Saturday, March 29, 2008


(image from an Armstrong flooring ad.)

I've been thinking about a name for my style since SCB's wonderful post about George). And, some eye-candy is long over due. No matter how tidy or clean, the basement is still the basement: pretty boring, visually speaking.

I have long loved a classical English type look. High ceilings, breakfronts, books, polished gleaming wood, faded floral rugs, soft walls washed with distemper, you understand. I also love the sleek interiors of "contemporary." Strong contrast between dark and light, an emphasis on texture, shade and light.

A long, long time ago I decided my style was "country." But not the "country" I ever saw in shelter magazines: it was too busy, too cliched. But I loved the concept: old, honoured things given pride of place, lots of textures in quilts, weathered wood. My budget was more "garage sale" than any of the above: and I love bright colour.

But that's not style, ladies and gentlemen, that's an undisciplined mish-mash.

Until recently, I haven't found anything which I might possibly embrace. Nothing to emulate, nothing to guide me. For one of the things "naming your style" does is give you direction.

Naming the style also adds to our vocabulary so we can discuss it with others; it's a reference point for other, similar combinations and permutations of the elements of style. The name creates a boundary, too. This sort of thing is allowed and this excluded. This is why "eclectic" is hardly helpful. It includes too much.

I was totally captivated by an article on "Modern Euro Country" decor8 posted many moons ago. As I recall it was like a colourful shabby chic. The magazine (Canadian Home and Country) published a book called Canadian Country Style, and while they don't feature "modern Euro country" they do have a chapter on something called "Urban Country."

photo by Martin Tessler

Isn't that perfect?
Light and dark.
The lamp is the perfect mix of a modern material (steel) juxtaposed with a "country" texture (basketry)
Natural objects highlighting the "modern" black and white photography.
Clean, clean lines.

It gets a little trickier, the more objects you introduce:

photo by Debra Thier

Modern: artwork, sofa, vase, lamp base (same lamp!), the shiny pillows.
Country: trunk as coffee table, wicker shade, wicker chair, oversized pillows, magazine holder? Whatever that big thing is. Country pitcher in a modern shape.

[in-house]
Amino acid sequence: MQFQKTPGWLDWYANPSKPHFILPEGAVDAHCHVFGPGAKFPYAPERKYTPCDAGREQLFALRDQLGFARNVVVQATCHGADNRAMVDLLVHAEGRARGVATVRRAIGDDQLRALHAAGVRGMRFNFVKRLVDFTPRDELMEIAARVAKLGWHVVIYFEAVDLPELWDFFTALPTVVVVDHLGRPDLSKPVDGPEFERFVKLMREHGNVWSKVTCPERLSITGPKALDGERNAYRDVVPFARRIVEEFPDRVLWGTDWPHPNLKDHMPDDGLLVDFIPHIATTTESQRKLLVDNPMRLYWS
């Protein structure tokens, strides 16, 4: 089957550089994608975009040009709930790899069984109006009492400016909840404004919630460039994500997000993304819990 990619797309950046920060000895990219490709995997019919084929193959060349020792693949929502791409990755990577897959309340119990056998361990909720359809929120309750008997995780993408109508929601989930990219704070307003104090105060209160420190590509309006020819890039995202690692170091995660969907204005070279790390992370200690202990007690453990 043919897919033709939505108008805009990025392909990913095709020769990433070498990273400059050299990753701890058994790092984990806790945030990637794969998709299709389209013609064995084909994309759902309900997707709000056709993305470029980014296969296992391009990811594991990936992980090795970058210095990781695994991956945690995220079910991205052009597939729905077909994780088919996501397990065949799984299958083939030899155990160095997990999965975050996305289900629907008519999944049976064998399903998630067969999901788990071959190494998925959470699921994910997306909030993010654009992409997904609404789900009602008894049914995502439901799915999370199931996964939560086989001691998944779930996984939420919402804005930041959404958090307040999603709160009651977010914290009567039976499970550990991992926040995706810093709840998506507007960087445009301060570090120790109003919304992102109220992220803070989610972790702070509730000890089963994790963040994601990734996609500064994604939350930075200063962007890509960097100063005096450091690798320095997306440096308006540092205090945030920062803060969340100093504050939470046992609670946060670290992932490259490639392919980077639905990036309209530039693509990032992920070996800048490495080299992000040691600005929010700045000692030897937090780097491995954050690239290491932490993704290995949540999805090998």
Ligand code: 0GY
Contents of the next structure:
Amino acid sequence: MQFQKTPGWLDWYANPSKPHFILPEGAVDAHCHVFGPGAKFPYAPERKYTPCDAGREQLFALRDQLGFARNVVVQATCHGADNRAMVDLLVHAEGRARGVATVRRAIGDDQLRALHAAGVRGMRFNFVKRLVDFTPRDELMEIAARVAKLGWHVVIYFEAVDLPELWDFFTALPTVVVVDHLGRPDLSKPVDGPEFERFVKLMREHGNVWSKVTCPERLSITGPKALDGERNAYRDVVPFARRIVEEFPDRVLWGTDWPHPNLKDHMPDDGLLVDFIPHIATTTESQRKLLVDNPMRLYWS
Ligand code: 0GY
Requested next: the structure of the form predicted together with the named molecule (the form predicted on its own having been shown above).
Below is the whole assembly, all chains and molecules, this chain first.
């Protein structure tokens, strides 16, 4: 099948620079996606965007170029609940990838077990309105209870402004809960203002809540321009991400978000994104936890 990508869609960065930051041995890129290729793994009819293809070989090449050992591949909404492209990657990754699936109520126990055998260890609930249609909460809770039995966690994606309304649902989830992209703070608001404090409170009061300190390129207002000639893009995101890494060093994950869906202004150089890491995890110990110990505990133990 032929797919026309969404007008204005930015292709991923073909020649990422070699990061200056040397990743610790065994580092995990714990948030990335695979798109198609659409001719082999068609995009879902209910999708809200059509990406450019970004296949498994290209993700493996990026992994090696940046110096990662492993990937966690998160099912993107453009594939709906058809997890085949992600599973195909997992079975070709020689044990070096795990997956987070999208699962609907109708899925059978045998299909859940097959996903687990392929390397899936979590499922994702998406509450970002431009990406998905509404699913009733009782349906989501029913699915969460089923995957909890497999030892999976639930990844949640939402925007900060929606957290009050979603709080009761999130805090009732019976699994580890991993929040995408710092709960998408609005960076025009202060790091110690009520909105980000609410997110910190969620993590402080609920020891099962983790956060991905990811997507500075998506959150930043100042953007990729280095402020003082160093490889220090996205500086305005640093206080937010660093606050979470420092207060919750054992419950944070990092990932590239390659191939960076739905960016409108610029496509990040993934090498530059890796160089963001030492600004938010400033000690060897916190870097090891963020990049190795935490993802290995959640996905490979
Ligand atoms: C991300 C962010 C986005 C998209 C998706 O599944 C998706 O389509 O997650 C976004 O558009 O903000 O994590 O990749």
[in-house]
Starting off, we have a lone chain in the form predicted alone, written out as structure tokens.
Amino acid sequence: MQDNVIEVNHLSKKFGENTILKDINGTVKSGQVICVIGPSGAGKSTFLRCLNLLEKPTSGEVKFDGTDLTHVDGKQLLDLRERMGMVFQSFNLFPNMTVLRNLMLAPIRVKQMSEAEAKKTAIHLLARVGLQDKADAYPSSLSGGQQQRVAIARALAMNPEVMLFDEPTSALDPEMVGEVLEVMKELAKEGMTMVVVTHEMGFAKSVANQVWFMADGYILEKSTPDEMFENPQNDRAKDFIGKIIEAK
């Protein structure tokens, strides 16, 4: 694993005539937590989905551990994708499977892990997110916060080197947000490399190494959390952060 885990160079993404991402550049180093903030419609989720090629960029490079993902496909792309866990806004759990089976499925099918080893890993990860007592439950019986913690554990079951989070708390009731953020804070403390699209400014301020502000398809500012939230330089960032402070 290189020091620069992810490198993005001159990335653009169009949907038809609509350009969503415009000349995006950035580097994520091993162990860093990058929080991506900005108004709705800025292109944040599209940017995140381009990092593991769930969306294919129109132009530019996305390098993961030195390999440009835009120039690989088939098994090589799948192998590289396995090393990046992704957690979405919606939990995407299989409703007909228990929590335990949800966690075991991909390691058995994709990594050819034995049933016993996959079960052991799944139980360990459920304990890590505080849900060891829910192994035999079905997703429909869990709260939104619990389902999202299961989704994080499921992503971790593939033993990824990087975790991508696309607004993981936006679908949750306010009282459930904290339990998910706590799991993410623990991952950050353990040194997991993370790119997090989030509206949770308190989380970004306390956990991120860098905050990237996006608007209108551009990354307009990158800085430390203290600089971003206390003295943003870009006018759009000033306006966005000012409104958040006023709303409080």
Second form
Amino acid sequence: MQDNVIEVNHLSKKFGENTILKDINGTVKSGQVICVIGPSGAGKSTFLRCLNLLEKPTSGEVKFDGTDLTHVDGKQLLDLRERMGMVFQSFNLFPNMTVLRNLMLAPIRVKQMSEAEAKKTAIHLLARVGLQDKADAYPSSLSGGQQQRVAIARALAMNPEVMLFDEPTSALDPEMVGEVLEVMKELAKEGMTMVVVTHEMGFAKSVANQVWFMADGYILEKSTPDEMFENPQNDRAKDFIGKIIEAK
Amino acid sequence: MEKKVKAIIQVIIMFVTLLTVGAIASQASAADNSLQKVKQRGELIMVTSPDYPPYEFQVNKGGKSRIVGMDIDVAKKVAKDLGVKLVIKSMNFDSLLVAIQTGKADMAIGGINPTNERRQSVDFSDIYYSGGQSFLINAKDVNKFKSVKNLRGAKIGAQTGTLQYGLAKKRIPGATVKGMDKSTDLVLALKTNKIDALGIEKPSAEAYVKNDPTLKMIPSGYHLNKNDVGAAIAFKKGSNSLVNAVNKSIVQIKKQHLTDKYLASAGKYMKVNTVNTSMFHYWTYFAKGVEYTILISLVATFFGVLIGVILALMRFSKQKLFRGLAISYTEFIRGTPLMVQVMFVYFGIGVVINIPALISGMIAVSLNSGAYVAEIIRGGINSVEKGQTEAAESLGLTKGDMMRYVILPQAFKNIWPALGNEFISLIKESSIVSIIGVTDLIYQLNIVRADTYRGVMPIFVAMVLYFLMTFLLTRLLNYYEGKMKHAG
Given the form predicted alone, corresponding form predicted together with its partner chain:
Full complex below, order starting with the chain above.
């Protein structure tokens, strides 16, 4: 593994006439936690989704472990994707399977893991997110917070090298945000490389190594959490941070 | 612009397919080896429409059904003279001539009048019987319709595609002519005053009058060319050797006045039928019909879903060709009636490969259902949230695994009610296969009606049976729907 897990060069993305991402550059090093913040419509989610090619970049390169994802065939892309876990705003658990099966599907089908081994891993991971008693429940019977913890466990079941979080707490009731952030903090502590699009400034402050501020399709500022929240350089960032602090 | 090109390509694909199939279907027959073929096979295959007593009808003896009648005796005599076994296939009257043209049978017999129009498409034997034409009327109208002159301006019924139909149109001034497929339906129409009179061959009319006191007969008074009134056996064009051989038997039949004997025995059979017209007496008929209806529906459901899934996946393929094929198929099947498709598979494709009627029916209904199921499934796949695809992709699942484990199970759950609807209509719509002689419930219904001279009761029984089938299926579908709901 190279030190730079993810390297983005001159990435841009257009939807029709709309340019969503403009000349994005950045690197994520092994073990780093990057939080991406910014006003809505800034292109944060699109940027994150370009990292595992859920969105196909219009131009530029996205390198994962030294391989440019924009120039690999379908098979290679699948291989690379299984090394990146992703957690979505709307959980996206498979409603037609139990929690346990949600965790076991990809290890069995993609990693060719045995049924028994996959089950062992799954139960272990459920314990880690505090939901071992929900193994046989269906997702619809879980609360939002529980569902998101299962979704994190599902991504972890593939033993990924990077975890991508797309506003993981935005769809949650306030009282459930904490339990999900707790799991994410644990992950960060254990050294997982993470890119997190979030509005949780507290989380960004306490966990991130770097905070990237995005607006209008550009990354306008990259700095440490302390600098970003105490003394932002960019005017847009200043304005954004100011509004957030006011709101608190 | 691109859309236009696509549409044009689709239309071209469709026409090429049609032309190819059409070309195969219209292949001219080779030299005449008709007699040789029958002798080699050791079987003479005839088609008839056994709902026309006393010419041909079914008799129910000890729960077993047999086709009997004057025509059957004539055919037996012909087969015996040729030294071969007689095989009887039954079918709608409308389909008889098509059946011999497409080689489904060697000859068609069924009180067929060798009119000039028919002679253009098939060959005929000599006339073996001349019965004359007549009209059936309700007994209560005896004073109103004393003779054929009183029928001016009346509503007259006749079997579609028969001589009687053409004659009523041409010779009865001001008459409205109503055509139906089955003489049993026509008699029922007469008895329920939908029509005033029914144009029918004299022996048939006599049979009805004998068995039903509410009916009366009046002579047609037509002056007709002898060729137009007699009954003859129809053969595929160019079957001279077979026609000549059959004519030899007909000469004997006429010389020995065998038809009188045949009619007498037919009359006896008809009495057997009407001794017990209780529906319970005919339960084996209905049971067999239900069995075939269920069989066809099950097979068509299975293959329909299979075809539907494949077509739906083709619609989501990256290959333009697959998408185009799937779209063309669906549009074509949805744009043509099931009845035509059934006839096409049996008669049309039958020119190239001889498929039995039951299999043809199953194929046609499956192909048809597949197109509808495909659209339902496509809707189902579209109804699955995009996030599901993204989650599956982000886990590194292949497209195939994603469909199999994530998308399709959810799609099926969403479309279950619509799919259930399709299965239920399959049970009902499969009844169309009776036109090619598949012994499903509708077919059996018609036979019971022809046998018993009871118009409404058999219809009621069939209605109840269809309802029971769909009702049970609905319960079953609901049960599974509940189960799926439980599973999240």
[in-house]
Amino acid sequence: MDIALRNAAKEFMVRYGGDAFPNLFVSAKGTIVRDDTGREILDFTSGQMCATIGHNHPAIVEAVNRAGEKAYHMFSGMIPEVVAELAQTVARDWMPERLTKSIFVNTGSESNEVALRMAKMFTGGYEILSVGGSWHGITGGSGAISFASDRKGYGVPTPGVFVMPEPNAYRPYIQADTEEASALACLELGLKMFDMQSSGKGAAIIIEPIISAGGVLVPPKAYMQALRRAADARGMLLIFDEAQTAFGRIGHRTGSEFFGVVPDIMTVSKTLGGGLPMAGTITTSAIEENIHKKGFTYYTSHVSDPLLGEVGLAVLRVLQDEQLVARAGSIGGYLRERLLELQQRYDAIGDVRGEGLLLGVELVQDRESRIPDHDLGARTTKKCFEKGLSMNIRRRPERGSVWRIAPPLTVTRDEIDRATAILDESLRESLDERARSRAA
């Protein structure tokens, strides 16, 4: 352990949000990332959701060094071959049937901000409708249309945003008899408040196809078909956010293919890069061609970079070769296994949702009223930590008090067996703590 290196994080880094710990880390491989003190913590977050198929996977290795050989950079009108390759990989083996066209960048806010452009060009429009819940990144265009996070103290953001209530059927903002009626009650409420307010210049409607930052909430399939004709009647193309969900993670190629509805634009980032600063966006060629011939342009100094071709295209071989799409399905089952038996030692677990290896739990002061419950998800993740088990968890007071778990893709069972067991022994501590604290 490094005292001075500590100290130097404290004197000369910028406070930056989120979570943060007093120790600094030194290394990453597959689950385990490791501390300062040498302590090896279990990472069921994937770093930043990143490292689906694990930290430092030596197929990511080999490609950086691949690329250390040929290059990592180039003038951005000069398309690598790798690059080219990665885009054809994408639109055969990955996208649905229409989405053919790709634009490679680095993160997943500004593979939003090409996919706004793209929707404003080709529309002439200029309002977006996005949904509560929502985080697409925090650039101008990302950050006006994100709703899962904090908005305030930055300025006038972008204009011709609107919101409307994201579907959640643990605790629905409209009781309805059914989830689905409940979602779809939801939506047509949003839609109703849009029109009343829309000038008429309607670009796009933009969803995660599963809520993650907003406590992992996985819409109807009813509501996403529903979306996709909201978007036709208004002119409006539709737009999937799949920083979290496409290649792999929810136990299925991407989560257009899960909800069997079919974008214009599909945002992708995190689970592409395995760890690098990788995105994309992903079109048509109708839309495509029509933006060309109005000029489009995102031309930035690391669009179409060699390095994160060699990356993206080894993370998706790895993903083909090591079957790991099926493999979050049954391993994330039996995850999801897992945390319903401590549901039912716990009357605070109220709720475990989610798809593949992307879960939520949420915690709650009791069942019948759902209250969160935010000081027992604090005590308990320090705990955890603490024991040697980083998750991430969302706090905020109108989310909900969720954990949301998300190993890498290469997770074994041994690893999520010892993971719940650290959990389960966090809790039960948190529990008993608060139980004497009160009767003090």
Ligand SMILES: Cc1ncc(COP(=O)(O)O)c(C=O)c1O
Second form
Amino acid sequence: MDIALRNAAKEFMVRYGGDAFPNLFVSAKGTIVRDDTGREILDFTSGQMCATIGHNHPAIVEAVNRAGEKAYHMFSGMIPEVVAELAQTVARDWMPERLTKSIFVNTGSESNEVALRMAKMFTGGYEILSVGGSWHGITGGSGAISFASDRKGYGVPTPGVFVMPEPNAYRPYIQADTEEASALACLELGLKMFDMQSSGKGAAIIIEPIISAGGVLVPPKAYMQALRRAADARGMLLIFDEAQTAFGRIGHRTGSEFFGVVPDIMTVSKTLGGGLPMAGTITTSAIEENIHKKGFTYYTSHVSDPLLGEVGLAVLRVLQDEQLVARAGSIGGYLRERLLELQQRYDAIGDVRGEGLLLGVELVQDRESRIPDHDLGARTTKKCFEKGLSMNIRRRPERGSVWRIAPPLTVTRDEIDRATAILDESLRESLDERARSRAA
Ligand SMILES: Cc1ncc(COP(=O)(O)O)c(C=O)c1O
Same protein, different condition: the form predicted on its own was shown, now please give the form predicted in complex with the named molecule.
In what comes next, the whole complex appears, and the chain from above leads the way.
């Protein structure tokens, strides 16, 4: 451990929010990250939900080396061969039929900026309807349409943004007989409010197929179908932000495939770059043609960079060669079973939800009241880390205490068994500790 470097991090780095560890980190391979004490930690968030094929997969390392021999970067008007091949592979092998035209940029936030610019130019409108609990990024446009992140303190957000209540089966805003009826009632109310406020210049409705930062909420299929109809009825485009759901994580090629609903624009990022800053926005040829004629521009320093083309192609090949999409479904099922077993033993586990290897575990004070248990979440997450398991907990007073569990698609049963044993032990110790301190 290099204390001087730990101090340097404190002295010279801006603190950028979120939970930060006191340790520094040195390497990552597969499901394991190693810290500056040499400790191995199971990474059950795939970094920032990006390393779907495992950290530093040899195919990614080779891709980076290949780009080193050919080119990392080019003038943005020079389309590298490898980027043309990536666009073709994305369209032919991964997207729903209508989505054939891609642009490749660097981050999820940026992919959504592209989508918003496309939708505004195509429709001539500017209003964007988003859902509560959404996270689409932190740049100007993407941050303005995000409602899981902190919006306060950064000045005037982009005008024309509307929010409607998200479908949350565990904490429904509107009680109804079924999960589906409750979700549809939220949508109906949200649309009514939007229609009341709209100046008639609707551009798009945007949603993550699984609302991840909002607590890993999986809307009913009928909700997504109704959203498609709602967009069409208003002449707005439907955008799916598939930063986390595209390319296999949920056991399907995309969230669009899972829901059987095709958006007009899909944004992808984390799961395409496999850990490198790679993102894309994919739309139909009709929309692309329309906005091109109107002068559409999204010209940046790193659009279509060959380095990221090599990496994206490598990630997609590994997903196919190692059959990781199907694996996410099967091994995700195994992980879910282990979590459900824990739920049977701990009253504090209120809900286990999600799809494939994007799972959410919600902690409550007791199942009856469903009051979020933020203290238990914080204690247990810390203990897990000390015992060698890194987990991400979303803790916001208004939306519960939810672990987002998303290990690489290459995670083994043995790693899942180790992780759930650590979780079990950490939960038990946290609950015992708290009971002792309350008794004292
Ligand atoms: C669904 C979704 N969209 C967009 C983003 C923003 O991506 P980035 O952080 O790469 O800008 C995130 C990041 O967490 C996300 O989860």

The palette is muted, the scale is cosy.

For me, however, this is not as successful:

photo by Debra Thier

As an expression of the style, I'm sure it meets its parameters:
The look of urban country is fresh, unfussy, and intriguing. It combines modern design with traditional materials, mixes warm country elements with cool urban architecture and modern furnishings, and marries minimal features to gracefully aged surroundings. (p. 108)
But in this picture, the style is entirely too modern for my taste. Likewise, the interiors they featured for the bedrooms and kitchens seem altogether "too country" --they rely on the absence of all clutter, minimal colour, and a streamlined look to express the modern component--and in my house, that just wouldn't fly.

My take:
1. Keep it functional and useful at all times.
2. Keep it simple. "Clutter" must be of the functional and useful sort.
3. Contrast modern materials with ancient lines.
4. Add colour.
5. Have something unusual or unexpected.

I have chairs to figure out what to do with, the trunk to paint and the faux fireplace facelift to finish. Perhaps this can give me some direction.

By the by, there's also a book by the name "Urban Country."

It focuses on the style more as a architectural concept than a decorating one; for example, the authors suggest pairing a rubber floor with a porcelain "farmhouse sink" in the kitchen. It hasn't been all that useful to me, so far, (though I do love that coffee table on casters!) but, if you're interested, this article explains it briefly.


drwende said...

Fascinating... "urban country" is starting to look like a genericized version of what used to be regional styles, where one had certain "old" indicators of one's regional history (tansu chest = San Francisco) mixed with more contemporary pieces.

Will keep an eye out for the book and similar at the library, just because inquiring minds want to know.

Alana in Canada said...

That is interesting. I hadn't heard of "regional Style" except as it pertains to exteriors and architecture, not decor.

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